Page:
Following 13 years of selling tea blends locally without a brick-and-mortar, Chad’s Chai has a permanent home in downtown Winston-Salem. Having partnered with now co-owner Thomas Lees along the way, the duo spent the last several years working towards making a local space a reality for old and new customers to enjoy the tea blends Chad Morris produces by hand. Rich in natural light, this beautiful, wide open, and kid-friendly location opened its doors in the old Chronicle building at 617 North Liberty St. 

Inspired by neighbors who held gatherings where they hand-blended chai tea on a stovetop, Morris was immediately captivated by the scents, taste, and overall process that went into the preparation. “He is much more an artist than a business person,” said Lees. “The artistry and creativity that went into creating that pot of chai were really appealing to him and he started working on it himself.” 

Morris learned quickly from his neighbors and, not long afterward, was blending chai tea for a friend’s wedding.     

While the groom had initially asked for one large pot of chai, he then proceeded to request small batches of chai tea for wedding party favors. At that point, Morris felt the urgency to nail down the original black chai recipe he had been working on, and during the process, had the owner of Finnigan’s Wake on Trade Street ask him to be his tea provider. Knowing he needed to be able to offer more than one tea option, Morris set down the creative journey that led him to make seven tea blends for the Irish Pub.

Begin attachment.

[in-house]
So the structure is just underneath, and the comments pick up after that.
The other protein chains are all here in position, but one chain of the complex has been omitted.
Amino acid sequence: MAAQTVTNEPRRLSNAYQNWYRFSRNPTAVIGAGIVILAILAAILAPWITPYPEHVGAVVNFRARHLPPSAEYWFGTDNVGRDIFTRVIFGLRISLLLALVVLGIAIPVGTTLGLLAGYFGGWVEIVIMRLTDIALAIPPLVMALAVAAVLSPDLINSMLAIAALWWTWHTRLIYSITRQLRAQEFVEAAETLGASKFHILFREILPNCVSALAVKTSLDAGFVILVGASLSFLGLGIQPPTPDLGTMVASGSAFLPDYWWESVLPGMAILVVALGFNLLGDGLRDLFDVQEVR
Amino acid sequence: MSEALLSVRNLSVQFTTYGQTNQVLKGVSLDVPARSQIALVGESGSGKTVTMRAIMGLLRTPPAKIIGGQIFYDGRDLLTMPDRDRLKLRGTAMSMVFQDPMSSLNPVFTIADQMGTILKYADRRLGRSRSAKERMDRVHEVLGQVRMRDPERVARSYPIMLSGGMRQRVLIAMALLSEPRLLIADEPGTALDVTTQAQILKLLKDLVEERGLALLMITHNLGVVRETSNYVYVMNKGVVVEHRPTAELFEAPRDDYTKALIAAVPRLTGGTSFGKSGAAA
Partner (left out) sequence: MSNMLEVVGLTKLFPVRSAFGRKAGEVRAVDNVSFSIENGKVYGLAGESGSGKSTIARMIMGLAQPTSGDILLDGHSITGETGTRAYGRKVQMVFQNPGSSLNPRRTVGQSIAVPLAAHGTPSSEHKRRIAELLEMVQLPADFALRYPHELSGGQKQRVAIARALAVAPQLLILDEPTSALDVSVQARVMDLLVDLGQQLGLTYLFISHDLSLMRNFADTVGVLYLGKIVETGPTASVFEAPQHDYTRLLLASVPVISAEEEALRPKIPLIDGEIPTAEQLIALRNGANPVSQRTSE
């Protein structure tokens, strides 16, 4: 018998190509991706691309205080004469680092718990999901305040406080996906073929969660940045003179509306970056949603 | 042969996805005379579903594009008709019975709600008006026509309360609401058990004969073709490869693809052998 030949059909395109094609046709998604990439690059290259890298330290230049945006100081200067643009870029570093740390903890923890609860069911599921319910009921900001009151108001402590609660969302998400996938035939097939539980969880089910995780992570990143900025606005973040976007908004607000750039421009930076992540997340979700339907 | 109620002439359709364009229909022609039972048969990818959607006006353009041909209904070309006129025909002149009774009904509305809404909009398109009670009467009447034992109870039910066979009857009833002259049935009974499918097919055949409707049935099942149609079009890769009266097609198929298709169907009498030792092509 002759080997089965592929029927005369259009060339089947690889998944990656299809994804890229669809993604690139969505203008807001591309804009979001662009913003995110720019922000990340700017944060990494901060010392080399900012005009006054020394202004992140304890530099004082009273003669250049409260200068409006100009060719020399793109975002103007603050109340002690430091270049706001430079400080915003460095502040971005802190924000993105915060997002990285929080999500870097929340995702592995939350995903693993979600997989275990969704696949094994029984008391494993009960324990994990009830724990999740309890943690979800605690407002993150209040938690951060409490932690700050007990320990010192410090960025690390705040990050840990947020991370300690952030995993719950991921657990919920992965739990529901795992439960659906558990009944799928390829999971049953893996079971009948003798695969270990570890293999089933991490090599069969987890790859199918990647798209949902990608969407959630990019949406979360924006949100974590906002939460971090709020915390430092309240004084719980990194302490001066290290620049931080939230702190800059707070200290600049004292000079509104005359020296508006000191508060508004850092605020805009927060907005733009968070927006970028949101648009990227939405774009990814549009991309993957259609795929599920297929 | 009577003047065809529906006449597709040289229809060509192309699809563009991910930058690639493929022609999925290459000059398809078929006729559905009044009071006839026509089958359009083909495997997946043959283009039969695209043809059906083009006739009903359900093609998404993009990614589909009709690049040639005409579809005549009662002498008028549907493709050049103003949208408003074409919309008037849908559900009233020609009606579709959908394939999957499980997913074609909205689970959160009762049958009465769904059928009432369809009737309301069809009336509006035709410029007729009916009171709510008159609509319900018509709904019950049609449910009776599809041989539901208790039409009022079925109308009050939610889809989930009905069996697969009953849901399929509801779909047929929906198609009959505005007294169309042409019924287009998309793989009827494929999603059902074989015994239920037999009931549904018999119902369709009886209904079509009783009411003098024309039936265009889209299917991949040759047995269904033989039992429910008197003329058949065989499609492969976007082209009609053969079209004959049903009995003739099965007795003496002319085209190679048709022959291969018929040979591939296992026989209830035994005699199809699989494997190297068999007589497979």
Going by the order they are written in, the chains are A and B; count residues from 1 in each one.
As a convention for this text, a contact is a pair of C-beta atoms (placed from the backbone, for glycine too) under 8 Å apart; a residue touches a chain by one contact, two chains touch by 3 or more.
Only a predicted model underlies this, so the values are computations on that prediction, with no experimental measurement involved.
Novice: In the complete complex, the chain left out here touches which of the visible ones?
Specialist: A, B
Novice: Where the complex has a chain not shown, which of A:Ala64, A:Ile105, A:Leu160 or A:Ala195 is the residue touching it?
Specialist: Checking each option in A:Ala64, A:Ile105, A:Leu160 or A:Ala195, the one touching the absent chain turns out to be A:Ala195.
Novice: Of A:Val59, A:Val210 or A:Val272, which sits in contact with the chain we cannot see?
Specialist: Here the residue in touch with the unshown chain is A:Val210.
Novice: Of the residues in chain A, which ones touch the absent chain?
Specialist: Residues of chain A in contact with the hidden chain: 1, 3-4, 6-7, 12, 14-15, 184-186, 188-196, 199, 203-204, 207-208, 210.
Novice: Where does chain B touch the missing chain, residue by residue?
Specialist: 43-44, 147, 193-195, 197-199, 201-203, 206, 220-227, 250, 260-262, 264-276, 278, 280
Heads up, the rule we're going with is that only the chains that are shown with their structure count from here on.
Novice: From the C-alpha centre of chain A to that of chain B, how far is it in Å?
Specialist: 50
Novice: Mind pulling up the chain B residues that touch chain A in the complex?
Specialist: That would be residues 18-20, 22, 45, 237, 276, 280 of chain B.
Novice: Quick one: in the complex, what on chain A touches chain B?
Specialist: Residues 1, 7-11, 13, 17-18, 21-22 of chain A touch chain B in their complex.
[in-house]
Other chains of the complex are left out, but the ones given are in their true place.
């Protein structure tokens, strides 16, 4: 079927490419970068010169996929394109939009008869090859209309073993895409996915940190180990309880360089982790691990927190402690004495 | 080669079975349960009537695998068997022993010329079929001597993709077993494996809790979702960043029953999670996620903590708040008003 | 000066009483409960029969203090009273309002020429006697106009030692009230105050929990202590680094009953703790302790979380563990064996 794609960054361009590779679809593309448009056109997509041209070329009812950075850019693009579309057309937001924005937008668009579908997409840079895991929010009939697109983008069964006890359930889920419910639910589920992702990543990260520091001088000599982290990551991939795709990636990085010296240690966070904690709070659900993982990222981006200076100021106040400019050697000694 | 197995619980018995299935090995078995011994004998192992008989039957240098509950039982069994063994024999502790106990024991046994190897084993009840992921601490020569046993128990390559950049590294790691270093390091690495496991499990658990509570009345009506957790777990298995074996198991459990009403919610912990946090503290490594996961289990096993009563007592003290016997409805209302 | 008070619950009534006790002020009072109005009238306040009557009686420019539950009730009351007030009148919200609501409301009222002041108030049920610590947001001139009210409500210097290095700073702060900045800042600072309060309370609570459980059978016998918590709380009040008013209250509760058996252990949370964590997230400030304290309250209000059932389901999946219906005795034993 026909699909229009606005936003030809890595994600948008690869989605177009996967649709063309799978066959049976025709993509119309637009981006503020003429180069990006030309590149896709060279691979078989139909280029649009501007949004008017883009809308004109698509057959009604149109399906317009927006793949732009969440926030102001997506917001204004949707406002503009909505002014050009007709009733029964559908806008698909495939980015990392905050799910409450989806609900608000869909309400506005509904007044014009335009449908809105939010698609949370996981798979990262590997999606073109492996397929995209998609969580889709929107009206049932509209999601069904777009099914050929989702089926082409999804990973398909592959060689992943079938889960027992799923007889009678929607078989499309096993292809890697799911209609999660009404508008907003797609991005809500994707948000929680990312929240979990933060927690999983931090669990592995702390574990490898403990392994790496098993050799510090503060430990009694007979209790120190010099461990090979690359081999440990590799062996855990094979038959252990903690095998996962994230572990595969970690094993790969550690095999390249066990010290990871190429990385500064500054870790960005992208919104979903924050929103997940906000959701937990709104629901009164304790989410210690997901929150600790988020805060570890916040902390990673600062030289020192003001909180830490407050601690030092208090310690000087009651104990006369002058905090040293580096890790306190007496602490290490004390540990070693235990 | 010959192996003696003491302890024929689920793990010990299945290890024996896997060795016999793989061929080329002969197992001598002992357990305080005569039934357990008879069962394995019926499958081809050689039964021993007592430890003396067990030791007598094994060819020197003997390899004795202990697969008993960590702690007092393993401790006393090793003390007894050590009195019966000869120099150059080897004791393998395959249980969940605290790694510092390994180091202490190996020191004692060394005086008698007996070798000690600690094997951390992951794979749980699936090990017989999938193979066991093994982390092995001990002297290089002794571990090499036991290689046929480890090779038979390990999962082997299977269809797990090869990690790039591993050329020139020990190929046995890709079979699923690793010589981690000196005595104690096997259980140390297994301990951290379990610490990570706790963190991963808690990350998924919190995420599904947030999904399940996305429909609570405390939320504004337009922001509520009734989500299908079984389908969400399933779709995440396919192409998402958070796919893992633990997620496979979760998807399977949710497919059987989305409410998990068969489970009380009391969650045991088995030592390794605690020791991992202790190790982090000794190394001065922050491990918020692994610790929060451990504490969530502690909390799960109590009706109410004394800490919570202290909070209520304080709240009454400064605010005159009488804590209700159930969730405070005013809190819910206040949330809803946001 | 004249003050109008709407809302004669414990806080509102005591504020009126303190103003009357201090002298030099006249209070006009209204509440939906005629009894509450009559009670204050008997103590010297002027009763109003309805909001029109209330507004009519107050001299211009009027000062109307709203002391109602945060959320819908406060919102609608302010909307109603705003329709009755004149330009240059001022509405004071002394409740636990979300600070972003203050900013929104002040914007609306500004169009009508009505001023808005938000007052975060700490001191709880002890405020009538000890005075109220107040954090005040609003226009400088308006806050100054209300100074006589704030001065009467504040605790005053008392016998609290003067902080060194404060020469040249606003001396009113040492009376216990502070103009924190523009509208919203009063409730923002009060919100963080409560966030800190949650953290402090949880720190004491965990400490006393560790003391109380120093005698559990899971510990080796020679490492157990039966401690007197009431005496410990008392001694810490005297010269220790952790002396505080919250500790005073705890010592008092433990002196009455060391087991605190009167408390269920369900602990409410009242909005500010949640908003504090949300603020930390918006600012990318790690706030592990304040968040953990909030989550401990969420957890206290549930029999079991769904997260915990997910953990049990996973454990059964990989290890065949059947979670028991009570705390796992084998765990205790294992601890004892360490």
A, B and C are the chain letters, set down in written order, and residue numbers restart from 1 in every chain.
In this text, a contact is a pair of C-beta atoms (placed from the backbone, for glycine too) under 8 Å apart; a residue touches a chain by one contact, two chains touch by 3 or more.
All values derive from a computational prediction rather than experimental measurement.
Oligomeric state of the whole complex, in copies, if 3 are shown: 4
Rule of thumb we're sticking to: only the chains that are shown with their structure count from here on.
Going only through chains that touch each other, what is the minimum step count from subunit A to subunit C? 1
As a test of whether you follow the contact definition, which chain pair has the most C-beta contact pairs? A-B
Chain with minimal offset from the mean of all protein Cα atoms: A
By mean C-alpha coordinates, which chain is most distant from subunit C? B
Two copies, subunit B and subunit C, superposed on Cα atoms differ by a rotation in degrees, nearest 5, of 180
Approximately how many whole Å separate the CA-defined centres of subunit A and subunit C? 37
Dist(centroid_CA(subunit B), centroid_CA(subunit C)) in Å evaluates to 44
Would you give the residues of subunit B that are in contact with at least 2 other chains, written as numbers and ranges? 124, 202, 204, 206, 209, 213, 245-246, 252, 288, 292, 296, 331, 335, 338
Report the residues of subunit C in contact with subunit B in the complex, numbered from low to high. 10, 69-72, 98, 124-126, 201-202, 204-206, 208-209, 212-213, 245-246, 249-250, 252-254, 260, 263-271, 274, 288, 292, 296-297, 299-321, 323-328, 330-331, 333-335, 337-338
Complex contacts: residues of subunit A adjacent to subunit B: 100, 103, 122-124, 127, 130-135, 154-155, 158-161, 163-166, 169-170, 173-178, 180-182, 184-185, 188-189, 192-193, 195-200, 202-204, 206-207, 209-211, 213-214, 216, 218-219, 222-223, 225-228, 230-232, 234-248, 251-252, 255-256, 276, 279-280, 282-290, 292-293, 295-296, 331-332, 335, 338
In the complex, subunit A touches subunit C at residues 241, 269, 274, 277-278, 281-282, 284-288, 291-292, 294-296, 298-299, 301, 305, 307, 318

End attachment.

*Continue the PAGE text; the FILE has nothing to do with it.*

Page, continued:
Having these first seven blends ready to go, Morris took a chance to see if there might be interest from other potential buyers in the area, going on to successfully sell locally for the next several years. During this first half of the story, Lees moved to Winston-Salem after marrying his wife, who went to church with Morris. The two men met, became friends, and during a hike Morris opened up to Lees about being able to use some help with the sales portion of the business, which Lees quickly volunteered for, becoming a partner during the following years.   


Chad’s Chai located in downtown Winston-Salem

An adjunct professor of religion at Guilford Technical Community College, Lees had no previous experience with sales, let alone tea sales. But he was drawn to the concept and jumped in headfirst. The partnership was fruitful and as the business continued to grow and do well, possibilities continued to present themselves, among them the options to open a physical establishment or begin bottling the product. Interested in both, the team only had the resources and the headspace to take on one of these projects.   

“Thinking about it, it was kind of a no-brainer that the tea house was so much more in line with our company’s values as far as community and wanting to have a space to share with people,” said Lees. “The tea house was something we were more passionate about. It’s exciting, it fits with us.” Well known in Winston-Salem’s Cobblestone Farmers Market, Chad’s Chai has loved being able to interact with the local community in that manner, and is committed to continuing to nurture those relationships in the most sustainable way possible with the teahouse.